Wrestling Mayhem Show 672: Zeke Squad
This week’s episode brought to you by Indy Wrestling US, Slice on Broadway, Sidekick Media Services and Pittsburgh Wrestling.
It’s a two-fer this week as we have Zeke Mercer and Keith Haught in studio! They join the Mikes (Sorg, and Mad Mike) to talk this week in wrestling, including:
- Our crew had a chance to watch some Fyter Fest, and we’re sharing some thoughts.
- So…that chair shot…
- In case you haven’t noticed…crowds in the UK are different than crowds in the US.
- In case you didn’t know, you can find Zeke Mercer and Keith Haught at some of the wrestling events here in Western PA and West Virginia.
- This week’s Big Question: What match or event didn’t live up to the hype?
- Our friend, Beastman recently had his bag searched by TSA, and it is one of the best things on the internet!
- There was a bit of a shake up at WWE with Paul Heyman and Eric Bischoff being placed in executive roles over RAW and Smackdown Live.
- What did YOU learn in wrestling this week?
Follow our stable on Twitter: Zeke Mercer (@zeke_mercer), Keith Haught (@HaughtJr), Sorg (@Sorgatron) and Mad Mike (@MadMike4883)
**A special shout out to our Manager Level
Patreon supporter Occupy Pro Wrestling (@Power2TheSmarks
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Thanks to Basick Sickness (@basicksickness
) for the awesome intro for the show.
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Eric Bischoff “Controversy Creates Cash” Review
About two Christmas’s ago, I was given the book Controversy Creates Cash by Eric Bischoff from my bud from my rap group. It seemed like a boring read at first. I’ve had issue with the bland, sports writer stylings of past books like Kurt Angle’s, and thought this was going to be the same.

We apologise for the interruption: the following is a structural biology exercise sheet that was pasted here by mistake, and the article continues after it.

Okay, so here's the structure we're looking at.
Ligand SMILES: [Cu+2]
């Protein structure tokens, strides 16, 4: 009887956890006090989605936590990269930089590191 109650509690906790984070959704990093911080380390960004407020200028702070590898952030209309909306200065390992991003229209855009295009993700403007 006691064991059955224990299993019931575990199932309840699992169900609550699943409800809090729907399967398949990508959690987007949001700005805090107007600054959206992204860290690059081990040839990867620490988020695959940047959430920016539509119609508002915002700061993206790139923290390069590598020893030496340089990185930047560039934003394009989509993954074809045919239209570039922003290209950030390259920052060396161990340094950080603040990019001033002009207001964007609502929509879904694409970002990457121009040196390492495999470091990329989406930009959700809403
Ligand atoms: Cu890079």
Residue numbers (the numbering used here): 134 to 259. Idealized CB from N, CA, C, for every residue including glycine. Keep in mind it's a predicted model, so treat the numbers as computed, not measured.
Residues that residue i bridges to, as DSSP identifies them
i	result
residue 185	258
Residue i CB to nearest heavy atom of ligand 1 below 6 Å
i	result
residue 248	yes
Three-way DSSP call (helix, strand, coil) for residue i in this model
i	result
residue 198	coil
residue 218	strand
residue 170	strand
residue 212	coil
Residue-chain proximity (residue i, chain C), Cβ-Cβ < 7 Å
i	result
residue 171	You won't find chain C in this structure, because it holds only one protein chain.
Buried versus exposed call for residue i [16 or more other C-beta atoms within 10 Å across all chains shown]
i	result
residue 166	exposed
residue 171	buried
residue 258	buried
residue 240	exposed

Nearly two years later, I revisited this book. After the Death of WCW and Between the Ropes, as well as a recent Kevin Nash shoot interview I’ve watched, it gave me a new perspective to approach this book again. I realized this book had a rather unique perspective on what really happened to WCW. No one likely had the interactions with the Turner, then AOL Time Warner, brass as Bischoff. This book details his view on his interactions, and lack of support in that regard, as well as how talent was to deal with. His coming up from AWA, then transitioning as a low level guy in WCW, to the head of the company is an interesting story, especially if you wonder about how a corporation like that works. Eric is very frank about where he thinks he stood in the rise of wrestling in the late 90’s, and it’s effect in WWE as we know it today.
The biggest problem I had with this book was the repetition. Often, some of these books come off a certain way since they are often ghostwritten along with a tape recorder. Unfortunately, you often get parts that are repeated. Another interesting note is Bischoff’s defense against the “Dirt Sheets”. While he claims so often to not take stock in what they say about his actions in WCW, he sure does defend directly defend to them a lot. Understandable, since they are so prevalent in wrestling “news” over the last ten years.
Aside from some writing style misgivings, This book left a good bit of incite in the other side of one of the hottest times in wrestling history.
You can pick up the paperback for “Controversy Creates Cash” right here.